Japan’s Exports, Imports Still in Contraction

Japanese exports continue to decline for the 21st consecutive month, registering a double digit reduction for the month of August. According to data released by the Ministry of Finance (MOF), Japan’s exports fell by 14.8% YoY during August as the coronavirus pandemic caused external demand to contract sharply.

On a slightly positive note, however, the rate of decline was better than economists’ forecast of 16.1% and last month’s contraction by 19.2%. Meanwhile, imports into Japan fell by 20.8% YoY, against expectations for an 18% reduction instead.

The severe contraction in imports, driven by weak domestic demand, caused Japan’s trade balance to touch a surplus of 248.3 billion yen. On the other hand, economists had forecast a trade deficit for August of around 37.5 billion yen instead.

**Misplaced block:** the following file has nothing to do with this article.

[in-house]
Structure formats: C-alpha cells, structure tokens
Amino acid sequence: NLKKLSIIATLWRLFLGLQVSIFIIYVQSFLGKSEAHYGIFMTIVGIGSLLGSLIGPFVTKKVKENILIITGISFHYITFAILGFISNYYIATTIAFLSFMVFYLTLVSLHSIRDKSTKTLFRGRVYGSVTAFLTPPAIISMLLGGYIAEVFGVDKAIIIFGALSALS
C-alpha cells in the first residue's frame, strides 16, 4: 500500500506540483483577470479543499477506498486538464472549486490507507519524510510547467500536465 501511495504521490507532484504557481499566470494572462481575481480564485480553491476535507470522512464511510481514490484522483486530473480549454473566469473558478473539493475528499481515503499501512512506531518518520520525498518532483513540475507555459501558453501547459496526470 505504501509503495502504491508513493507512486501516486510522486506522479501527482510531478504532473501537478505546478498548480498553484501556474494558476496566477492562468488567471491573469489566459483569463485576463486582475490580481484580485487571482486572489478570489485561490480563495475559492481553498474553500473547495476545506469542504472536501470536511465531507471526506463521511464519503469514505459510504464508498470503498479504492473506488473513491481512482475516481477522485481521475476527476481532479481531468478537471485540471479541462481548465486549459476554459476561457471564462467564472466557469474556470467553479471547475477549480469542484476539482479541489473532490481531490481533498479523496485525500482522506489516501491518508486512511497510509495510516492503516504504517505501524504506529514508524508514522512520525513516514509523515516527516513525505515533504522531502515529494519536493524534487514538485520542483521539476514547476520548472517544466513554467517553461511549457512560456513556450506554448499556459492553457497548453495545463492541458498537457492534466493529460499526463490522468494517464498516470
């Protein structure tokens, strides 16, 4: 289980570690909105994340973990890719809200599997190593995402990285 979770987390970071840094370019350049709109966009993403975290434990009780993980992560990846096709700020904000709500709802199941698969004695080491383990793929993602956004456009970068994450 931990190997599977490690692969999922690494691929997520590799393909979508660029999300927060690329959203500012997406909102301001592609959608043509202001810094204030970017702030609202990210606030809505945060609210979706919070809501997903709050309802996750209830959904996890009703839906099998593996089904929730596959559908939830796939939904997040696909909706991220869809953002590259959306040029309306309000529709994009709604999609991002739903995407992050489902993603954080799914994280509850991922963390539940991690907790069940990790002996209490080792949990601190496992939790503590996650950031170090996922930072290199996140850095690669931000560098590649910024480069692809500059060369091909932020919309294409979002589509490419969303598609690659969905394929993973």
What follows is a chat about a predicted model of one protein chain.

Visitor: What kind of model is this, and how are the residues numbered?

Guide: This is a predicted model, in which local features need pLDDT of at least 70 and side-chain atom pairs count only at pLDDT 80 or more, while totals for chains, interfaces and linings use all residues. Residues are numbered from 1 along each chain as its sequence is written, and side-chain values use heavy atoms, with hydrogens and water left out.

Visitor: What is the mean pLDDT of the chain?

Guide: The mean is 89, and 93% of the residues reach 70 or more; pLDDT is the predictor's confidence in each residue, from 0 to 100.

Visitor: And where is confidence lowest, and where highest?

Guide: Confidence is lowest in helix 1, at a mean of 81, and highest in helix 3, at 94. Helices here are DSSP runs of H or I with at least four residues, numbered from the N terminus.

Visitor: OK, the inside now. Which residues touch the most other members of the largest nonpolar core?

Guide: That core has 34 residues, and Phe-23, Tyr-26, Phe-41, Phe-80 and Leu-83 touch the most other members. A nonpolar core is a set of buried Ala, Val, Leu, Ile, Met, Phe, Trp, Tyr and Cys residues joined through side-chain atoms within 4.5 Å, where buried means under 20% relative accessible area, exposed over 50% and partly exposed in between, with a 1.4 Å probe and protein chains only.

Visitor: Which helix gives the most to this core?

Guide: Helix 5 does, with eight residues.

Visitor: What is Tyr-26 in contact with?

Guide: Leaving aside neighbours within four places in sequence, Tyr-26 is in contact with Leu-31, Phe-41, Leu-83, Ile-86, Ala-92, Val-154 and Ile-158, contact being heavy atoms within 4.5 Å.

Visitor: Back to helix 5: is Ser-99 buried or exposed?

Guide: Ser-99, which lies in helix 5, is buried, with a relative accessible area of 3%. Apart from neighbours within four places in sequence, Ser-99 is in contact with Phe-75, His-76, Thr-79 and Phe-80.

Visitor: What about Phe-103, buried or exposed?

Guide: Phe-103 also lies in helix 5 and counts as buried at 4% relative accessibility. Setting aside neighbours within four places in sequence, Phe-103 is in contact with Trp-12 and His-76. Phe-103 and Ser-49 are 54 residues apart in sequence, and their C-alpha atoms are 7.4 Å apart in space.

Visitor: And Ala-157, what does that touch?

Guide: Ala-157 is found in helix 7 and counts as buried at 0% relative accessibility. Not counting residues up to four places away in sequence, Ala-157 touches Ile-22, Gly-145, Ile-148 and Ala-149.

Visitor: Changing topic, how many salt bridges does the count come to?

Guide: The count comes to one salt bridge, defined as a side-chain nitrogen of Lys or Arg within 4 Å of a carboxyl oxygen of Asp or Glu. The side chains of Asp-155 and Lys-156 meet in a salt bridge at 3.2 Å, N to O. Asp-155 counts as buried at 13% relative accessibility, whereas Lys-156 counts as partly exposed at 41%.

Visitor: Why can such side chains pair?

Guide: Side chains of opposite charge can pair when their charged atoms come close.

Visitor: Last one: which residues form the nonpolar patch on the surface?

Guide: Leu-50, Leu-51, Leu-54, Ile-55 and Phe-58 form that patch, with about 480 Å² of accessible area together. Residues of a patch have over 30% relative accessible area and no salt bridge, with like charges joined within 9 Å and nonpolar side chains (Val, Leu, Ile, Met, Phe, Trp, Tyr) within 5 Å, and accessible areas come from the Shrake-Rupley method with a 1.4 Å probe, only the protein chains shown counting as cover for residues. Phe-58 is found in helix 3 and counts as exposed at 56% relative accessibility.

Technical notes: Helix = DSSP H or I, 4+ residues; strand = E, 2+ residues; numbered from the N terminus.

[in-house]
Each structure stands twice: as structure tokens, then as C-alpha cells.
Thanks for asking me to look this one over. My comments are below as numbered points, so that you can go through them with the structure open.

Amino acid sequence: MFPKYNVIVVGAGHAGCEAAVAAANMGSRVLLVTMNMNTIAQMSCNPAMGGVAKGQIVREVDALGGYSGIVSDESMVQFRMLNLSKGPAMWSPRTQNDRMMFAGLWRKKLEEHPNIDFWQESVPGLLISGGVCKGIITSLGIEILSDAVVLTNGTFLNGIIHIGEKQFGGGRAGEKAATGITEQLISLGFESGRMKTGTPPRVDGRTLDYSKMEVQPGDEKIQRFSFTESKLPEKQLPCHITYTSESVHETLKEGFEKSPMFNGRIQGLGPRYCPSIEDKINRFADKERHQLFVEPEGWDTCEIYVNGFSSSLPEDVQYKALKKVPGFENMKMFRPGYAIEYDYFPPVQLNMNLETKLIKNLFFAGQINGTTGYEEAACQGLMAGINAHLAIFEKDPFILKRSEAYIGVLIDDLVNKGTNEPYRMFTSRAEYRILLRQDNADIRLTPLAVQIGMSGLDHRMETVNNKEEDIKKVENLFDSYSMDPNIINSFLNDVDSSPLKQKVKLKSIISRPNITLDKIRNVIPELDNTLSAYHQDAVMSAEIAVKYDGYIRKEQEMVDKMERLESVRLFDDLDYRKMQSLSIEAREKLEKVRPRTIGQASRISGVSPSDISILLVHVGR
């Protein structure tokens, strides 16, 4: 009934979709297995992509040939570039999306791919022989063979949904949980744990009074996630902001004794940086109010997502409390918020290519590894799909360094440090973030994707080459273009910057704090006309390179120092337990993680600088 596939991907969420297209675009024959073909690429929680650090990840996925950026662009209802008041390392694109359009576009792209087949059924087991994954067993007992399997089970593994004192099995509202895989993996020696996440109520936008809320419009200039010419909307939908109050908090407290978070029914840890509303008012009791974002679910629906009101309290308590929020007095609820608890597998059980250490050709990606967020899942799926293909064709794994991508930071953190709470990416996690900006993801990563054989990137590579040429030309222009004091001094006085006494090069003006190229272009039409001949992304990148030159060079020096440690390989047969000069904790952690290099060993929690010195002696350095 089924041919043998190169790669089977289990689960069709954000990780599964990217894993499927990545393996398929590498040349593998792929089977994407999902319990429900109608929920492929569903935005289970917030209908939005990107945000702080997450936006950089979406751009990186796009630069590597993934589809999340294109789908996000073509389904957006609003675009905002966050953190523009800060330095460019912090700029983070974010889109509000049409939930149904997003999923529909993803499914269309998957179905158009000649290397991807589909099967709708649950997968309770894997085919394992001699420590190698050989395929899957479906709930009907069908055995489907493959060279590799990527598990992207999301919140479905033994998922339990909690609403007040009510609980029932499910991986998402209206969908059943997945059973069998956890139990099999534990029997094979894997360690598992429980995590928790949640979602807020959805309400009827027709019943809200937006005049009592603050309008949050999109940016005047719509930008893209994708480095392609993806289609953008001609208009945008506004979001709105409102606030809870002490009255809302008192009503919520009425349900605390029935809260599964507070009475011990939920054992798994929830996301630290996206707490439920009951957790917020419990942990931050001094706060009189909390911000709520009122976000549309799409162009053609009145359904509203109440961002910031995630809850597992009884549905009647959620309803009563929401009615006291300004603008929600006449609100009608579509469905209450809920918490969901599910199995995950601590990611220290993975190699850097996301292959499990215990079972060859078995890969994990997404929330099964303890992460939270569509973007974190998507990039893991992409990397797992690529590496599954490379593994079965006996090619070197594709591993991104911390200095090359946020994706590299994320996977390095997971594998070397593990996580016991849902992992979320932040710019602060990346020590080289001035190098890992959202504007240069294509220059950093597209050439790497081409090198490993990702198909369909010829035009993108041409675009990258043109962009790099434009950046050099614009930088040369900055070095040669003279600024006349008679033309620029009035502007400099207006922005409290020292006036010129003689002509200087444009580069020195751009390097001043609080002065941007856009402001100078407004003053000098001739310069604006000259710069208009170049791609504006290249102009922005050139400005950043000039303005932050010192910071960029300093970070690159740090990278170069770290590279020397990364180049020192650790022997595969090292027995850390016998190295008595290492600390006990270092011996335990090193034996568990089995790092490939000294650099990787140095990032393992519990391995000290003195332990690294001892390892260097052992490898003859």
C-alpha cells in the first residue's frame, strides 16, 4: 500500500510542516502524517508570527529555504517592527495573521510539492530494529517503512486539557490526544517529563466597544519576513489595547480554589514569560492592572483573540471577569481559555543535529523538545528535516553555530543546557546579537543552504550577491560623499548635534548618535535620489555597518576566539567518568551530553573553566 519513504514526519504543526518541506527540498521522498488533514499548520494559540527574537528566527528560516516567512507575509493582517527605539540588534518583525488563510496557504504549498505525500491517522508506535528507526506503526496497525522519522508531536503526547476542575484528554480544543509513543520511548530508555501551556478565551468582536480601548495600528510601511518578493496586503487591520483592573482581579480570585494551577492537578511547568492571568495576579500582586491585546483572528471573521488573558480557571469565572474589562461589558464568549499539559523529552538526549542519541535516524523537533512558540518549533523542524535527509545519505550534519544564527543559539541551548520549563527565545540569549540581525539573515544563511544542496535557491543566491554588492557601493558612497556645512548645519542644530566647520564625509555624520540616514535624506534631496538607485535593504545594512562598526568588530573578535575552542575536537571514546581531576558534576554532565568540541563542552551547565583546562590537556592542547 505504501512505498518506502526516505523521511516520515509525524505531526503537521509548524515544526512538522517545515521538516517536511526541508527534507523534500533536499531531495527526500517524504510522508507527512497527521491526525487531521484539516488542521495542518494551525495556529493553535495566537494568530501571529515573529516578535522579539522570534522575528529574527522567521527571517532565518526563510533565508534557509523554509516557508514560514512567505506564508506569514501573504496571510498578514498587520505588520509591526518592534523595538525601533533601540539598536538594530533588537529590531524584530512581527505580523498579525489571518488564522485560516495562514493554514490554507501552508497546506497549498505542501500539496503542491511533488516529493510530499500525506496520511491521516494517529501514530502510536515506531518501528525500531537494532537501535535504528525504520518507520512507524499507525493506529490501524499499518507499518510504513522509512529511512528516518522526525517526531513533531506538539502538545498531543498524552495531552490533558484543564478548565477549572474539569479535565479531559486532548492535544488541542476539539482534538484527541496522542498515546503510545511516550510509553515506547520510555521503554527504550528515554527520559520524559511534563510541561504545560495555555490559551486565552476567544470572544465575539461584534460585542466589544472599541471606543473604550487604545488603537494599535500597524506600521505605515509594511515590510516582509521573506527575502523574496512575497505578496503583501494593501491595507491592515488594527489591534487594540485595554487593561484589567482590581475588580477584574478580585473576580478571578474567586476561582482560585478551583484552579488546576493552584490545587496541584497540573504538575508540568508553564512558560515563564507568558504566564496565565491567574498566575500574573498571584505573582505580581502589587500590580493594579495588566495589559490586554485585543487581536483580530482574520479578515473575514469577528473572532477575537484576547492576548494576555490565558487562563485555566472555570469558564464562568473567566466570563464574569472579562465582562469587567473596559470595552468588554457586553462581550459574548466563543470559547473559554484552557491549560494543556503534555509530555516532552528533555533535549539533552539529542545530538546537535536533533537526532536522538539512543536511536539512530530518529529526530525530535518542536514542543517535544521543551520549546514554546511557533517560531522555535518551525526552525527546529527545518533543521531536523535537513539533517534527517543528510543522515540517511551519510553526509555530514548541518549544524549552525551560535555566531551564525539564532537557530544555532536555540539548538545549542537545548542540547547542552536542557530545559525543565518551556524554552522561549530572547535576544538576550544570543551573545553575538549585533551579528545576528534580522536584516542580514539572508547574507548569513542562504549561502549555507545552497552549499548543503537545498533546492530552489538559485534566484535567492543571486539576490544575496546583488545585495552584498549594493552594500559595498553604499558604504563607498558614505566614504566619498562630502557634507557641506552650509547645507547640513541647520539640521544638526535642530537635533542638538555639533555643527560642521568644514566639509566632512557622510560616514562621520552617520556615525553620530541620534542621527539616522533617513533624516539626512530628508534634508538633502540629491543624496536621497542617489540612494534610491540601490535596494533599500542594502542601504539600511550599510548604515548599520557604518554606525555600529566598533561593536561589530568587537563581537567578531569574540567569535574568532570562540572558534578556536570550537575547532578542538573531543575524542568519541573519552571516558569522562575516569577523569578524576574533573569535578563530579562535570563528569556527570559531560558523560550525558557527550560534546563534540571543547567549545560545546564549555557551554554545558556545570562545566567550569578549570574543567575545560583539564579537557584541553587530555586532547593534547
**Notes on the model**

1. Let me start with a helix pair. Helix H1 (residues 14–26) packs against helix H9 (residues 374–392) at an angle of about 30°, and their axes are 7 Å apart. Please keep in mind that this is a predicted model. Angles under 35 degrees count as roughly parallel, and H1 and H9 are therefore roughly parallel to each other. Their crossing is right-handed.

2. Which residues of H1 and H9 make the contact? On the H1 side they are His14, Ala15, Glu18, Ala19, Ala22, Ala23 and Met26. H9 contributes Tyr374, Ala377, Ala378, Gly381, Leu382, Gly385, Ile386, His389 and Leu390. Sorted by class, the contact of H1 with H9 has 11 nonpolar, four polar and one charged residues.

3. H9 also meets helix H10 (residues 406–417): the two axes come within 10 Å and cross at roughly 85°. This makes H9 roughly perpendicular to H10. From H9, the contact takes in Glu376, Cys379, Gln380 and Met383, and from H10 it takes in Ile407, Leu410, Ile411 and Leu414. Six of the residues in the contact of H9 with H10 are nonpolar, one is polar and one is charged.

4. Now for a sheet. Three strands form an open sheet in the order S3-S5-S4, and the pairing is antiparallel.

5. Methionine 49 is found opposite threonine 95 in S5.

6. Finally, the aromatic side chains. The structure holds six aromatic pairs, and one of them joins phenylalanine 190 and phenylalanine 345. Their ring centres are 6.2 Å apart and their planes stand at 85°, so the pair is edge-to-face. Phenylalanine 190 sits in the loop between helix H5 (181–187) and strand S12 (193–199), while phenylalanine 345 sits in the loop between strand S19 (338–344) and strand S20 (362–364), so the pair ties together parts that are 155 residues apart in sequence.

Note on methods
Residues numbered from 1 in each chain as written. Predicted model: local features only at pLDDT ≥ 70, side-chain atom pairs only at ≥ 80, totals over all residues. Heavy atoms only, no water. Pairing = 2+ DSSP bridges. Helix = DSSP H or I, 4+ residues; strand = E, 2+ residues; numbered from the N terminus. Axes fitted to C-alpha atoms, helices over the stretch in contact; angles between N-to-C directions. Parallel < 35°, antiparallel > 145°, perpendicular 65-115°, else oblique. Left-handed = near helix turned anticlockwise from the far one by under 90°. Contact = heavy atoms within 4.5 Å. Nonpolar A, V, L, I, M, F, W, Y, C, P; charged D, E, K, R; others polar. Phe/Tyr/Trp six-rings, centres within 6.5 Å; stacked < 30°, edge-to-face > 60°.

The severe contraction in trade indicates more worries for Japan’s export-oriented economy, which has been under strain much before the beginning of the coronavirus pandemic, on account of the US-China trade war. Japan was one of the first countries to fall into recession early this year and with trade continuing to falter, the economy is unlikely to rebound anytime soon.

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